East: LSU’s offense is trending toward history

Advocate staff photo by TRAVIS SPRADLING -- LSU running back Alfred Blue and Jeremy Hill (33) celebrate Blue's touchdown run during the second half in Starkville, Miss. LSU won 59-26. Show caption
Advocate staff photo by TRAVIS SPRADLING -- LSU running back Alfred Blue and Jeremy Hill (33) celebrate Blue's touchdown run during the second half in Starkville, Miss. LSU won 59-26.

STARKVILLE, Miss. — The LSU defense has been a cause of much consternation the past two weeks, and perhaps it will continue to be.

But who cares?

In the aftermath of the Tigers’ 59-26 trouncing of Mississippi State on Saturday, any lingering concerns about the defense should be put on hold long enough for a proper appreciation of what Zach Mettenberger, Odell Beckham Jr., Jarvis Landry, Jeremy Hill and the rest of the offense are doing.

These playmakers are accomplishing stuff rarely seen by Tigers followers. In fact, programs much more noted for their offense than LSU traditionally has been would have a hard time topping what this group has been up to.

Halfway through the season, Mettenberger’s poise, accuracy, judgment and efficiency have been nearly impeccable, though his biggest challenge often has been choosing which of his wide-open receivers to target. He has been very fair as Beckham and Landry have been nearly unstoppable, alternating as Mettenberger’s primary target.

It was Beckham’s turn Saturday, and he caught a career-high nine passes for 179 yards and two touchdowns. That was his fourth 100-yard game, and his yardage total was the highest by a Tiger in a Southeastern Conference game in 11 years.

Landry failed to reach the end zone for the first time this season and the first time in eight games overall, but he still caught eight passes for 96 yards. His five-game streak of touchdown grabs set a school record for the start of a season, and his seven-game streak dating to last year tied Dwayne Bowe’s school record.

As defenses have stubbornly, if not inexplicably, continued to sell out against the run — as though they were playing the 2012 or 2011 Tigers — Mettenberger, Beckham and Landry have made them pay.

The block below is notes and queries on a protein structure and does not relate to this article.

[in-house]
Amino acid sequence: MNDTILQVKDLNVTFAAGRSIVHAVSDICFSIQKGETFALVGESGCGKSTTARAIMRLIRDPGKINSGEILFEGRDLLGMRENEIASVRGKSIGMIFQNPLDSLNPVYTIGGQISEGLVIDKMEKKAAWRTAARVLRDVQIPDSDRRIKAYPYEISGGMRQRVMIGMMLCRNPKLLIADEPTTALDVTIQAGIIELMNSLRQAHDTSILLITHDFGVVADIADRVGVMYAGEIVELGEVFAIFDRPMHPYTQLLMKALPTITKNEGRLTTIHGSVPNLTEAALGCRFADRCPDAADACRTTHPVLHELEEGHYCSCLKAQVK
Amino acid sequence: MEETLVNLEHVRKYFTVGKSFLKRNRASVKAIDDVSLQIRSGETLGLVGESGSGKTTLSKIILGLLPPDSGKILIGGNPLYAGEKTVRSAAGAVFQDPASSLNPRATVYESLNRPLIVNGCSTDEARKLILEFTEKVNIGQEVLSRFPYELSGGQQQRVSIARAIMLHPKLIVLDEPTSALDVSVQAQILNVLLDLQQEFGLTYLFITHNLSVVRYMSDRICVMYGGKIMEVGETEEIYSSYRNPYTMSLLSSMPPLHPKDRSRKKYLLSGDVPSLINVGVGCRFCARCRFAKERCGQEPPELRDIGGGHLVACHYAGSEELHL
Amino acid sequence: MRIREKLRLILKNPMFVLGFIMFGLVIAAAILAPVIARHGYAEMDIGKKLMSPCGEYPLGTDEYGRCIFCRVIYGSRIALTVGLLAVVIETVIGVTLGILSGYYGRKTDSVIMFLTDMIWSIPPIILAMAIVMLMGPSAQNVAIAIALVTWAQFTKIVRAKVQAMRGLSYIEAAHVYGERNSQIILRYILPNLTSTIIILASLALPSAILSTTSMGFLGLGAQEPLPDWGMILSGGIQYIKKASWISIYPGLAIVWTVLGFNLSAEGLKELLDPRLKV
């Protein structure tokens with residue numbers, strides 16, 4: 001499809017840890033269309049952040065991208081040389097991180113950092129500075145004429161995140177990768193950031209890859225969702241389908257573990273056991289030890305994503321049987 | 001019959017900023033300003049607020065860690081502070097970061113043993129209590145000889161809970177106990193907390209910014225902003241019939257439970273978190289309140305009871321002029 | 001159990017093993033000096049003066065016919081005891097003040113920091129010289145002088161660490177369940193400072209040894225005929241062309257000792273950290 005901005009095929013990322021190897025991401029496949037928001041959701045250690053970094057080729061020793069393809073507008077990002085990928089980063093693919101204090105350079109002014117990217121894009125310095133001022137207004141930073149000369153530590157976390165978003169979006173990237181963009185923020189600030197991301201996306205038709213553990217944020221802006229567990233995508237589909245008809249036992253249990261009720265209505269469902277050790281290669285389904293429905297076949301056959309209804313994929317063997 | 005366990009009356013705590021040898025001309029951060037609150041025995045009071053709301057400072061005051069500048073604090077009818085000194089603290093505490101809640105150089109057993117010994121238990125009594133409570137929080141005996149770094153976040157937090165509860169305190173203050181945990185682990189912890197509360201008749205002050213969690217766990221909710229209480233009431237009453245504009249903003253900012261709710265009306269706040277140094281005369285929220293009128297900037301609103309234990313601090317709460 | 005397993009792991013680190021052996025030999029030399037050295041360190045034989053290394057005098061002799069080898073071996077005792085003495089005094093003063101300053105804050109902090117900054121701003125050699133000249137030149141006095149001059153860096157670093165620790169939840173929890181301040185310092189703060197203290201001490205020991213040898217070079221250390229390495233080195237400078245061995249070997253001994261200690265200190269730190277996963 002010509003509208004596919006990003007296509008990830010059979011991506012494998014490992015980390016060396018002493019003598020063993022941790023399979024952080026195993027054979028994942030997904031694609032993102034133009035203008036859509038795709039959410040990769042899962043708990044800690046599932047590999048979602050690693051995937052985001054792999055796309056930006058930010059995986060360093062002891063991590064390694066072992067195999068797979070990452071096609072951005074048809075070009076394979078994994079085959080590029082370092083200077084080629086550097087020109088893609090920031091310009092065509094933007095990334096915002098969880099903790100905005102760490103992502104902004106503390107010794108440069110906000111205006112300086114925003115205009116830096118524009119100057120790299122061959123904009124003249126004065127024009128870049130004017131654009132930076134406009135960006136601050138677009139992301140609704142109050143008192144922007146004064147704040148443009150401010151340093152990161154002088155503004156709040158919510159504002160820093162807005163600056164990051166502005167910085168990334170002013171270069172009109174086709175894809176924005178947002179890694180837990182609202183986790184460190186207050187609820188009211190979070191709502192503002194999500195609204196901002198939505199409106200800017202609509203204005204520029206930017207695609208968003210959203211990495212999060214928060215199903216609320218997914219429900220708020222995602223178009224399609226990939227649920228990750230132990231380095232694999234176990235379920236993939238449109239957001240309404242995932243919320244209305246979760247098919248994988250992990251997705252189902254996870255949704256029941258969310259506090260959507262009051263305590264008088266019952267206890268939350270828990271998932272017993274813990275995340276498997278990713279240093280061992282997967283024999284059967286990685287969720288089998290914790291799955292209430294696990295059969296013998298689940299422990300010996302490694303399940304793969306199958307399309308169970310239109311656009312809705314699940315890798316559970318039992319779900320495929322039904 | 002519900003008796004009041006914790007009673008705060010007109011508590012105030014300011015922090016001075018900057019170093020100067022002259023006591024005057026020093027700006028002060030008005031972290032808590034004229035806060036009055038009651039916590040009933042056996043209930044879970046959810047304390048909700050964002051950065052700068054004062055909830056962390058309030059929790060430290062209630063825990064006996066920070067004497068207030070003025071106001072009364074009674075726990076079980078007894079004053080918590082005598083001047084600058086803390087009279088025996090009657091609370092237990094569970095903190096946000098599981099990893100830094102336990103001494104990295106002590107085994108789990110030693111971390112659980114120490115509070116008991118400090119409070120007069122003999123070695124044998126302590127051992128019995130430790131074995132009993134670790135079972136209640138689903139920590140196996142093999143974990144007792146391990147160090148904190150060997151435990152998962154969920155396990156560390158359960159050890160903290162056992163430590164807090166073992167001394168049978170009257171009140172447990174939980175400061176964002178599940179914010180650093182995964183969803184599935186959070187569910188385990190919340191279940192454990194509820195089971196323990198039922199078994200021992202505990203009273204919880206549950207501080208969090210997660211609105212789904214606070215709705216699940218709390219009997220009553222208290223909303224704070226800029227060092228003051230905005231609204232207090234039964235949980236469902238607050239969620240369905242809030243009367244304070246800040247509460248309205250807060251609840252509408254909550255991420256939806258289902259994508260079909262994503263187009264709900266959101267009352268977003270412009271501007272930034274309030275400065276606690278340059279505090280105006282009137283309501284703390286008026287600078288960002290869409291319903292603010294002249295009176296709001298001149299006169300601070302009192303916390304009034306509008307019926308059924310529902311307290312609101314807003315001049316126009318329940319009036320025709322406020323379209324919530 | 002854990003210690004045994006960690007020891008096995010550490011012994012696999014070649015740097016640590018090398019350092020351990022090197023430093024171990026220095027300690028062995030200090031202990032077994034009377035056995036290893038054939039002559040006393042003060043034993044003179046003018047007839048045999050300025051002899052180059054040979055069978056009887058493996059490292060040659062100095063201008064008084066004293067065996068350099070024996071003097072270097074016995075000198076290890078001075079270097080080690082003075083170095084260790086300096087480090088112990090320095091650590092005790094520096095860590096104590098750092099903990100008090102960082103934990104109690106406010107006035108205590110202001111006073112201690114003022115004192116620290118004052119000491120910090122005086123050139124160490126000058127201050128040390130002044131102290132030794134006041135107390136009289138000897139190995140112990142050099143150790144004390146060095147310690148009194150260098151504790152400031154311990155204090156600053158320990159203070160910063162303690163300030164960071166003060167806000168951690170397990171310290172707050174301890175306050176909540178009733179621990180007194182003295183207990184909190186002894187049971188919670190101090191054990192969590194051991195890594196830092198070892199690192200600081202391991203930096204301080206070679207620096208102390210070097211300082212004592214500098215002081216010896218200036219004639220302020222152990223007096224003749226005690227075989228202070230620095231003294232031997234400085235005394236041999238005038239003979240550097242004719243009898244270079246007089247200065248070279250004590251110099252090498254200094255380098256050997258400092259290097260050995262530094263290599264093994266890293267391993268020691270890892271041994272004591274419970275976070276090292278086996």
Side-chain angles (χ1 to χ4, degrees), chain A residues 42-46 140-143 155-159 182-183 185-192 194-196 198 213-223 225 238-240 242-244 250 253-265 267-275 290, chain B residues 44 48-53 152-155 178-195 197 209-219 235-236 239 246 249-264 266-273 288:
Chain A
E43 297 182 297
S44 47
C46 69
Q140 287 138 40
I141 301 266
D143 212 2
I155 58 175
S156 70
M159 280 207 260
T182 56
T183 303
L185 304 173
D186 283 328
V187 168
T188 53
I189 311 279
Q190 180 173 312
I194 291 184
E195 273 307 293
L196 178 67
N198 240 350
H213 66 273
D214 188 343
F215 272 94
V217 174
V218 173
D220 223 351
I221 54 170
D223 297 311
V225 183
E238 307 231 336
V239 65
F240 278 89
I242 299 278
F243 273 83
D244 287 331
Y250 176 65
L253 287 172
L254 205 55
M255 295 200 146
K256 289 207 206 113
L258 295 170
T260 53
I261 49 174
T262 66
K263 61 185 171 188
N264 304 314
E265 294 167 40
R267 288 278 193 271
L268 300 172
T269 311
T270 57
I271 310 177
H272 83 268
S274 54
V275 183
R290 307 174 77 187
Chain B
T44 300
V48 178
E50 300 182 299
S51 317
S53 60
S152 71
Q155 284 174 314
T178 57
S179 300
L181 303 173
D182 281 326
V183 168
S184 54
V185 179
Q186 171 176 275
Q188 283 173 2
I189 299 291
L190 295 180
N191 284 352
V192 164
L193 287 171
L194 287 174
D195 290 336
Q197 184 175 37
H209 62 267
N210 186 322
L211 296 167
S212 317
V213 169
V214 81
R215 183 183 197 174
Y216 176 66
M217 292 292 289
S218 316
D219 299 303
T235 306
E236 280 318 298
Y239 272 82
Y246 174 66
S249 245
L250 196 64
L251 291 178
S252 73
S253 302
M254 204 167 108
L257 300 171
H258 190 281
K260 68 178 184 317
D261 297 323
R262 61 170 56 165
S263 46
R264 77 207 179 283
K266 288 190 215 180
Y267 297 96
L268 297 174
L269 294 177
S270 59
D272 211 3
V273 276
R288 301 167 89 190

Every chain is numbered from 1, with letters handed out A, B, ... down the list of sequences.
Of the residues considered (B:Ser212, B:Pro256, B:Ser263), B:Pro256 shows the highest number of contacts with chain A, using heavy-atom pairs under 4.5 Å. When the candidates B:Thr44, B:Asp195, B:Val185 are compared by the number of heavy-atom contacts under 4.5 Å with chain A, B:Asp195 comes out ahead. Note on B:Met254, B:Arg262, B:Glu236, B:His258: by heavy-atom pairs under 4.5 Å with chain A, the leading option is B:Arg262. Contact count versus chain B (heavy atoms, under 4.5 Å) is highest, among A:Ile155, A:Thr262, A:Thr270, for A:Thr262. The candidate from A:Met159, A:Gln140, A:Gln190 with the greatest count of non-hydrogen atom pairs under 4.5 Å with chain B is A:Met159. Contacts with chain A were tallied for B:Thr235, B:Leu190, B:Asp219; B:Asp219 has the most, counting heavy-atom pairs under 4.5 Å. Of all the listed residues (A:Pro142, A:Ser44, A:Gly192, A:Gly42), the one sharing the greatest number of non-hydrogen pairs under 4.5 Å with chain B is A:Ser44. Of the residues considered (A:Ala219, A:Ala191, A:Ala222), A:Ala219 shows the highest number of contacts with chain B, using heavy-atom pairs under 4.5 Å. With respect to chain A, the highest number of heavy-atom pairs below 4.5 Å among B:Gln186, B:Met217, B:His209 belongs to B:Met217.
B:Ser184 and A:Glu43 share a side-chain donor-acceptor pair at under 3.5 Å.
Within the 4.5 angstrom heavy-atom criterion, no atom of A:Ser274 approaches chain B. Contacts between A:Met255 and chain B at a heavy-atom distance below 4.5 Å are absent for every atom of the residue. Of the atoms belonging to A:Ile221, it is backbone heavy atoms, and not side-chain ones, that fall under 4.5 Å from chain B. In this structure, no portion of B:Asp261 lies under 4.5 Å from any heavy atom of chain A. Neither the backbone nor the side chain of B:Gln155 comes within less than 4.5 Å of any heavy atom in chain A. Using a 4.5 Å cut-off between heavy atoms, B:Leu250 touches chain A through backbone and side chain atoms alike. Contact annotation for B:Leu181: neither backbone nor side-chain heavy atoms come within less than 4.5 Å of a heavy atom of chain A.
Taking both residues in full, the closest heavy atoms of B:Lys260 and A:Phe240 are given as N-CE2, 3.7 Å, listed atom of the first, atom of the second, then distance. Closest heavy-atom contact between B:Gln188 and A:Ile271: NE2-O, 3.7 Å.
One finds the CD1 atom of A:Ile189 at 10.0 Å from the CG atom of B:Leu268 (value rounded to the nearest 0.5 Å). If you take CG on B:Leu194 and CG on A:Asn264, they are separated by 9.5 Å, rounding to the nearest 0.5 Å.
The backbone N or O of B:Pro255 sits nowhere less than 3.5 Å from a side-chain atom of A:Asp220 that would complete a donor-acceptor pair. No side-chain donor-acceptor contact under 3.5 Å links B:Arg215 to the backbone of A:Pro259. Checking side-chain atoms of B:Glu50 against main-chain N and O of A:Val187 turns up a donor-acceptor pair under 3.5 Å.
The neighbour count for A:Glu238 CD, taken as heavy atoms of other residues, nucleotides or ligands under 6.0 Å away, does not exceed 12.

LSU’s first seven running plays against State netted just 8 yards, but Mettenberger made the Bulldogs pay during the same stretch with completions of 27, 24, 16 and 9 yards.

When defenses finally escape denial and play the Tigers’ passing game straight or pay extra attention to the wideouts, Hill breaks free. After the early congestion was cleared Saturday, Hill had runs of 69, 14 and 13 yards on his way to gaining 157 yards on 16 carries. Kenny Hilliard, Terrence Magee and Alfred Blue also benefited from the passing game’s softening of the State defense.

Mettenberger is on pace to pass for 3,476 yards and 30 touchdowns. The school records are 3,347 yards (Rohan Davey in 2001) and 28 TDs (JaMarcus Russell in 2006 and Matt Mauck in 2003).

Beckham is on pace to finish with 70 catches for 1,372 yards and 12 touchdowns, and Landry is on pace to catch 84 passes for 1,232 yards and 14 touchdowns. The school records are 94 catches (Josh Reed in 2001), 1,740 yards (Reed in ’01) and 12 touchdowns (Bowe in 2006). Neither Beckham nor Landry is likely to match Reed’s records, including his SEC-record yardage total, but as a tandem they’re well on their way to establishing the standard.

Hill is on pace to rush for 1,188 yards and 18 touchdowns. That would be the fifth-highest yardage total even though he didn’t play in the opener and had just six carries in the second game for disciplinary reasons.

He is averaging 7.5 yards per rush; the school record with a minimum of 200 carries is 5.6 (Kevin Faulk in 1998). Although Hill is on pace for 158 carries, he still could get to 200 and, if he does, he might up his touchdown pace enough to match or surpass LaBrandon Toefield’s record of 19 in 2001.

To comprehend what the LSU offense is doing, think of, say, Russell’s and Bowe’s 2006 seasons, Reed’s 2001 season and Faulk’s 1998 season happening simultaneously. That’s what’s going on this season.

If you must wring your hands about the LSU defense, go ahead. But don’t do so at the expense of appreciating the historic playmaking being done by this offense.